George Bellairs’ Intruder in the Dark begins with Cyril Savage’s arrival in Plumpton Bois to collect an inheritance from his great-aunt, Miss Melody Johnson. Impatient, he inspects the house early, only to find that it has been ransacked and the cellar door is locked. He breaks it down and is killed by a blow to the head. There’s some debate over the motive for this crime—whether the intruder was a random robber or connected to Miss Johnson’s past—so Superintendent Littlejohn and Inspector Cromwell are called from Scotland Yard to sort it out.
This was my first Littlejohn and Cromwell mystery and I was pleasantly surprised—it was hard to put down! Their investigation comprises a series of interviews with the townsfolk, who all have different impressions of Miss Johnson and her family depending on their place in the town. Since Littlejohn and Cromwell split up for their interviews and confer afterwards, they’re rarely in the same scene. They’re both competent and inquisitive, but they blurred together in my mind, as neither displays many unique traits. In contrast, the townsfolk are vividly written. I came away with a strong impression of the background characters and suspects. I suppose I should keep reading this series to learn more about Littlejohn and Cromwell—perhaps they’re better established elsewhere. Any suggestions?
Each interviewee has a little bit of suspicion and pettiness about them, which makes them memorable and occasionally entertaining, e.g. Mrs. Murphy:
“What sort of woman was Sarah Rasp, who used to be the Johnsons’ maid?”
“A sly, secretive sort. You might also call her sinister…”
Mrs. Murphy made a point of reading most of the paperbacks covering romance, crime and horror before she put them in the rack in the shop for ready sale. It added greatly to her vocabulary of pithy words and phrases to use against her enemies. (Loc 950)
What complicates the mystery is that its motivations stem from events fifty years before. Bellairs conveys the passage of time well by making the past feel suitably distant. Many witnesses are either deceased or missing and everyone has had decades to get their story straight. My favorite moment was this epiphany by Littlejohn:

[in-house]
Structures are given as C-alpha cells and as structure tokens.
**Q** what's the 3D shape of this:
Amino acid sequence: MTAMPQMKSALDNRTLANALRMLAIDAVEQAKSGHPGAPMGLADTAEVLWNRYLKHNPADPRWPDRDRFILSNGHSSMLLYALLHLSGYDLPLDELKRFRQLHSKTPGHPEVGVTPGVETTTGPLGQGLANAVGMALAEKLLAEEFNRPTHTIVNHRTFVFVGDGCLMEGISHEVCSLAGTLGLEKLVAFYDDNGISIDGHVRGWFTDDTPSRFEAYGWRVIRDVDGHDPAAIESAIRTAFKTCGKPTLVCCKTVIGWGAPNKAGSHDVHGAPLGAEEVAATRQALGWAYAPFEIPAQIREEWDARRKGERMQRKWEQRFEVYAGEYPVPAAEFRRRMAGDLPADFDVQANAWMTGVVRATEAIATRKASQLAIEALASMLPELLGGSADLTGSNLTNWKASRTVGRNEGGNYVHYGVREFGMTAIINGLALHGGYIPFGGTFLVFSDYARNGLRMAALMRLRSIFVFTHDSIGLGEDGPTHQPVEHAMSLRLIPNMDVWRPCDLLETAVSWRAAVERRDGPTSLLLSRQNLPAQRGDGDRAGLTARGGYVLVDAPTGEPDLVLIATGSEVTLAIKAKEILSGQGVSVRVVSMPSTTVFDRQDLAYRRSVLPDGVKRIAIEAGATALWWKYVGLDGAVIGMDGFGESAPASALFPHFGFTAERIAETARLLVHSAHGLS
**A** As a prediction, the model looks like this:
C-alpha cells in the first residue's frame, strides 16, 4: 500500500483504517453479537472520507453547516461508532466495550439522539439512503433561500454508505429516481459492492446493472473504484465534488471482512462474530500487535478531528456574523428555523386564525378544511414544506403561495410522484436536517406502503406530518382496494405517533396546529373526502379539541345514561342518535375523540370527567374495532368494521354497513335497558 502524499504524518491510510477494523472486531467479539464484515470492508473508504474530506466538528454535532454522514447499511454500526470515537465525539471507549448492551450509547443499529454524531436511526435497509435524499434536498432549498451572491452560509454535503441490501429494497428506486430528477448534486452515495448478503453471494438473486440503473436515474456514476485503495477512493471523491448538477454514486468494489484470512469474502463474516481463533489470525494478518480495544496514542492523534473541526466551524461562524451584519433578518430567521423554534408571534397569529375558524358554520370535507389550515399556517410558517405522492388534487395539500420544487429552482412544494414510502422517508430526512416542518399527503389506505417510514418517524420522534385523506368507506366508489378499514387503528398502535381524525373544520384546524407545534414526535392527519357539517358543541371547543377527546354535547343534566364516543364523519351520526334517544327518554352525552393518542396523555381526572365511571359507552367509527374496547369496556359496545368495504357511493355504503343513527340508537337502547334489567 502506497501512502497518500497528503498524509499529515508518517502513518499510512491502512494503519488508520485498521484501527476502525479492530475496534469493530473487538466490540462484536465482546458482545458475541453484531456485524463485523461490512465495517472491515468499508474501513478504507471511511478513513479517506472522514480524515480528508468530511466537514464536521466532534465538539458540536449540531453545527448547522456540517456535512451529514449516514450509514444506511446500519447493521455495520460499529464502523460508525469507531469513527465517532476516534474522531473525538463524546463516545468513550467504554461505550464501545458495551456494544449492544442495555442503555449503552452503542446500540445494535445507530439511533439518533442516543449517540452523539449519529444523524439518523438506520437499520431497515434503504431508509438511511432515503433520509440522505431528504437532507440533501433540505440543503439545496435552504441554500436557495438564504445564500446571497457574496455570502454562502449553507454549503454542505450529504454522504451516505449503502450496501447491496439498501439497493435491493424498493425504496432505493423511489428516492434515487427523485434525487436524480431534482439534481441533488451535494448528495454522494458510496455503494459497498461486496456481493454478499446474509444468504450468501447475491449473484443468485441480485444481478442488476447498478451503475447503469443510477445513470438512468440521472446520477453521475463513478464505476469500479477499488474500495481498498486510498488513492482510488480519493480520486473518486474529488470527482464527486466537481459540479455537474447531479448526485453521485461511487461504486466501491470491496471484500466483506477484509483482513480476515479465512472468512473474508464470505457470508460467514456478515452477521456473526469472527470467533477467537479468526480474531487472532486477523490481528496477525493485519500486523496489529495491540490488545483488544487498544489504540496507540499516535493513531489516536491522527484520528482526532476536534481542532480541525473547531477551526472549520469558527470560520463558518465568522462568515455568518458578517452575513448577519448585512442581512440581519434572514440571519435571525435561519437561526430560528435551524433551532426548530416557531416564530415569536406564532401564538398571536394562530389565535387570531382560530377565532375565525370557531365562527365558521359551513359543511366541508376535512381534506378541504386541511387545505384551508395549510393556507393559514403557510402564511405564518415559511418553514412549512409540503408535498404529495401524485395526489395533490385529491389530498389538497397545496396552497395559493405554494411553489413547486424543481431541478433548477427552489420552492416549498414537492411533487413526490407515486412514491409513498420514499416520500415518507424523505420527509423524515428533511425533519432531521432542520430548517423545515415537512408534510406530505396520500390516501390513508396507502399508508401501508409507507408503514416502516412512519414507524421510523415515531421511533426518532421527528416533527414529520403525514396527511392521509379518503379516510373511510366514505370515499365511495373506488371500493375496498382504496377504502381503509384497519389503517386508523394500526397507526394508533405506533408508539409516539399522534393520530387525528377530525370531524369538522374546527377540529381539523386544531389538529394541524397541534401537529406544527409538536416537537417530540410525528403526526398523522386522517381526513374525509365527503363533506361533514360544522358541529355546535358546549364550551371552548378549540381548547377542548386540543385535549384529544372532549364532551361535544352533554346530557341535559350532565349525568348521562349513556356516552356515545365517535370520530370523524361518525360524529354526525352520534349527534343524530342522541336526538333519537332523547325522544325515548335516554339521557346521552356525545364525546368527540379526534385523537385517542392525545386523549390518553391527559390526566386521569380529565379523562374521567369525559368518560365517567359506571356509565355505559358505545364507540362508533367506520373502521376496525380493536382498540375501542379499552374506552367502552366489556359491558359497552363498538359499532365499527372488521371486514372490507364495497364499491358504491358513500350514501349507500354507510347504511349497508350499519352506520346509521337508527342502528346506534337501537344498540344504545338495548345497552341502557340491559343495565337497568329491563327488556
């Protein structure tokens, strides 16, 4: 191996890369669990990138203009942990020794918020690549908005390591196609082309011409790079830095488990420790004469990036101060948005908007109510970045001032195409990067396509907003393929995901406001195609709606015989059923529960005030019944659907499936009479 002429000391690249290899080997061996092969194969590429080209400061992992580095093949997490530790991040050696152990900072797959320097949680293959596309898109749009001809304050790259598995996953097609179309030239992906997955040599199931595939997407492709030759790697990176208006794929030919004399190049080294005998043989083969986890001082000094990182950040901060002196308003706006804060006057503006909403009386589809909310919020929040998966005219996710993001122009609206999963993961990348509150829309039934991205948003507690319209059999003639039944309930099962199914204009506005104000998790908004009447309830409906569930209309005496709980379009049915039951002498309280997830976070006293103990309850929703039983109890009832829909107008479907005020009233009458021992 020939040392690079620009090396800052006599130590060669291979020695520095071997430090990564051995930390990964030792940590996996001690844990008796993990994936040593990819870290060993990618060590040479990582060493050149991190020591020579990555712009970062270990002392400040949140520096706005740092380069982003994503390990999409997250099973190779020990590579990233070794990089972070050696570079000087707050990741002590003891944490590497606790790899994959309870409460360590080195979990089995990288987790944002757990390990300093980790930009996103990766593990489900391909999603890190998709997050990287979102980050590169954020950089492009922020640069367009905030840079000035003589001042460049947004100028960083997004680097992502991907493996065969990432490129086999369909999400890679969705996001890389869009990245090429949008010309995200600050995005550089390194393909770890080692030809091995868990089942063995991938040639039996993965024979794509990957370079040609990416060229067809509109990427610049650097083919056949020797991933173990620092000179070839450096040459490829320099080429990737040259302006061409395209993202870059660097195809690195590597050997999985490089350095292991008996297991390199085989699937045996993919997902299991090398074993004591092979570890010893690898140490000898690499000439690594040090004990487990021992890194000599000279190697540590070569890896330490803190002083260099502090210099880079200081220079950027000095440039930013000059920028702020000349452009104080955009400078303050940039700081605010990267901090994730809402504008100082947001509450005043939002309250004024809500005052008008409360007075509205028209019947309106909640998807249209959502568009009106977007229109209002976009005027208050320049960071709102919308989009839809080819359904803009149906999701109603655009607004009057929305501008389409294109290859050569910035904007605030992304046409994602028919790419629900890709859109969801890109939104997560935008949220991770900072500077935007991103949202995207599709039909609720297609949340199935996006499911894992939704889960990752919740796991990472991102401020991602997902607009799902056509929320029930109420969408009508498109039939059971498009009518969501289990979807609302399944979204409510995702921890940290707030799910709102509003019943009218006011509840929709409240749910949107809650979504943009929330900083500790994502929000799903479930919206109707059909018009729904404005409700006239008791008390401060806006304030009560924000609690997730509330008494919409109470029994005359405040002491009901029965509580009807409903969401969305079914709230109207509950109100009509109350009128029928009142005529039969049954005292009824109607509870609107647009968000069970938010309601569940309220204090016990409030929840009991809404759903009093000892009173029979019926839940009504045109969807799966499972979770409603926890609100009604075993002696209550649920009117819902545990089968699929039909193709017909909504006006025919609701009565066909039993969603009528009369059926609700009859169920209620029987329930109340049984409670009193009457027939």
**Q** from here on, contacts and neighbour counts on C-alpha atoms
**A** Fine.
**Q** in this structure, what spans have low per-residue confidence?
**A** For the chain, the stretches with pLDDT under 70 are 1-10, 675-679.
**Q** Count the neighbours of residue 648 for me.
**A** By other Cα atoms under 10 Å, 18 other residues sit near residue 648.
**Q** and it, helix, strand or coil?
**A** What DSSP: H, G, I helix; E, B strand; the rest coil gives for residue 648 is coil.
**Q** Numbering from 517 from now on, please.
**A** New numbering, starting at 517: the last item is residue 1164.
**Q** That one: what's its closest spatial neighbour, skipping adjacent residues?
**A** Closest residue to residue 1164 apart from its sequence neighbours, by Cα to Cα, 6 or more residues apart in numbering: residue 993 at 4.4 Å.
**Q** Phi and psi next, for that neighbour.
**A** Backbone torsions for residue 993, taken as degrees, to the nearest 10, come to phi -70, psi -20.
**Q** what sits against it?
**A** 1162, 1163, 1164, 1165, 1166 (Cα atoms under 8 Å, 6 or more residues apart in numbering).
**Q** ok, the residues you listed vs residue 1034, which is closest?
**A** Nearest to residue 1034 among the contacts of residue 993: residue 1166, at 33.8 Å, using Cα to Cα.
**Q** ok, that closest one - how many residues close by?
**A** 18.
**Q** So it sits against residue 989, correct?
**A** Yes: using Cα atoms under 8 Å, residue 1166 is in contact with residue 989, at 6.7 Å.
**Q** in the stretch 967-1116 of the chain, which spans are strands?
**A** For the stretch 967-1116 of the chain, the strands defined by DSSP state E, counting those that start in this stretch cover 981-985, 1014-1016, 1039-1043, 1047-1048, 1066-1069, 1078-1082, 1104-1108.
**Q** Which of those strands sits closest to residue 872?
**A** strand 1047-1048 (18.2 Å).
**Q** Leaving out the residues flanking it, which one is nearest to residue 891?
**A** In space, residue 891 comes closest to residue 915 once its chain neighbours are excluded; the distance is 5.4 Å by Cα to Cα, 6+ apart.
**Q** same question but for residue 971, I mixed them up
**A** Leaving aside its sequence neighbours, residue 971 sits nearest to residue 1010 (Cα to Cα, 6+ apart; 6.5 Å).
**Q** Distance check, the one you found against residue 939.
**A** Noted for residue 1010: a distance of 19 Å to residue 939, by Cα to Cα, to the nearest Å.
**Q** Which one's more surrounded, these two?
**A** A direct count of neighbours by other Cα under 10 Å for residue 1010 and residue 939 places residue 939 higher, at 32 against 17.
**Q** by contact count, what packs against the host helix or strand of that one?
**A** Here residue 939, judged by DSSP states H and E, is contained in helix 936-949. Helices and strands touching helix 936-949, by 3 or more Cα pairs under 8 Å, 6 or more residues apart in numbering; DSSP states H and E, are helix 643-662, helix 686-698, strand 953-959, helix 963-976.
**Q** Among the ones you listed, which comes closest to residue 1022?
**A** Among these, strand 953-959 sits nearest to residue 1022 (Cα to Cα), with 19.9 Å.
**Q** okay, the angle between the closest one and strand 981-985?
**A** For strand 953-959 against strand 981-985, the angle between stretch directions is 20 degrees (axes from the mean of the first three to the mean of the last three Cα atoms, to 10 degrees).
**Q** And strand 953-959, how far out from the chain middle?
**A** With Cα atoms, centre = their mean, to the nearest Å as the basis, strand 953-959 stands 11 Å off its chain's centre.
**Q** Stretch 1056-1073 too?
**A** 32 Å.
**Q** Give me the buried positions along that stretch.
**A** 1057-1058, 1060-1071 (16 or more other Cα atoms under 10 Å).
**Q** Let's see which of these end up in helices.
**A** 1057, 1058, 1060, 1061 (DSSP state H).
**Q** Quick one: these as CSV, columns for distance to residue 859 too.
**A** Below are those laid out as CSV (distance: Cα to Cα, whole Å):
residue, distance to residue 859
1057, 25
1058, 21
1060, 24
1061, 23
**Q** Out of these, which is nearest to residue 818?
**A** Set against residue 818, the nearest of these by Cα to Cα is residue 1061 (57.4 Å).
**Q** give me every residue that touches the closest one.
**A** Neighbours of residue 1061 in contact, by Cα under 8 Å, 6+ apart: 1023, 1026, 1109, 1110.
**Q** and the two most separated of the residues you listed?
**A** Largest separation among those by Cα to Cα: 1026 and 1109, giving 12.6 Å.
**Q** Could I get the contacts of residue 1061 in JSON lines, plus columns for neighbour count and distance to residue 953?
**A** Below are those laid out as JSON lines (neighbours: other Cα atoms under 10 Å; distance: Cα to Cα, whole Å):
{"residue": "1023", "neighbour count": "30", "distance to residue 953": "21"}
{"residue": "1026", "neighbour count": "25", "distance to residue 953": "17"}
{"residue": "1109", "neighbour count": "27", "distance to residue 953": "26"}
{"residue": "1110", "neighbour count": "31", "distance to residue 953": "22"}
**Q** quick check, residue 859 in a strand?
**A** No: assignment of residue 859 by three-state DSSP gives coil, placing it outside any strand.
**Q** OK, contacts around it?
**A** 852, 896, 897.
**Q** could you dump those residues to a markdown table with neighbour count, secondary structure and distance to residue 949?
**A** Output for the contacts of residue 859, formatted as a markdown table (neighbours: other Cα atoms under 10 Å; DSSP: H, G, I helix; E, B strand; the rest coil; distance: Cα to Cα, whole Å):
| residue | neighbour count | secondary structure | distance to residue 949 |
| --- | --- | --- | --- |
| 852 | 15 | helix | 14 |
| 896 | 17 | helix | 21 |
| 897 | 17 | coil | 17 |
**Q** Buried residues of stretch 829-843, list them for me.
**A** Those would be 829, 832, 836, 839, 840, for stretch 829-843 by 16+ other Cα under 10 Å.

Littlejohn realised that in his contacts with these old people, these relics of events of more than half a century ago, he was among those in whom the fires of passion and enthusiasm were extinguished for ever. Many of the characters had quitted the stage long since. Their shadows were all that remained for those left behind to hate or despise. (Loc 1896)
Once the mystery is closed, the book ends without additional fluff. The most awkward part of crime fiction is when everyone has to stand around after and congratulate each other on their cleverness (because this is really the writer congratulating himself/herself). Usually, I skim this bit, but Bellairs has a knack for timing without any wasted words. I look forward to reading many others. (And I do mean “many”—he was quite prolific!)
Overall: 4.8 I loved the small town vibe and pace of the mystery. I would have liked more development/information with Littlejohn and Cromwell, but if I can get this from other books in the series, the lack of it here isn’t really a ‘flaw,’ and they were otherwise competent and clever.
Nota Bene: This book was provided for review by the publisher, Ipso Books (via NetGalley)
Translation: Read it!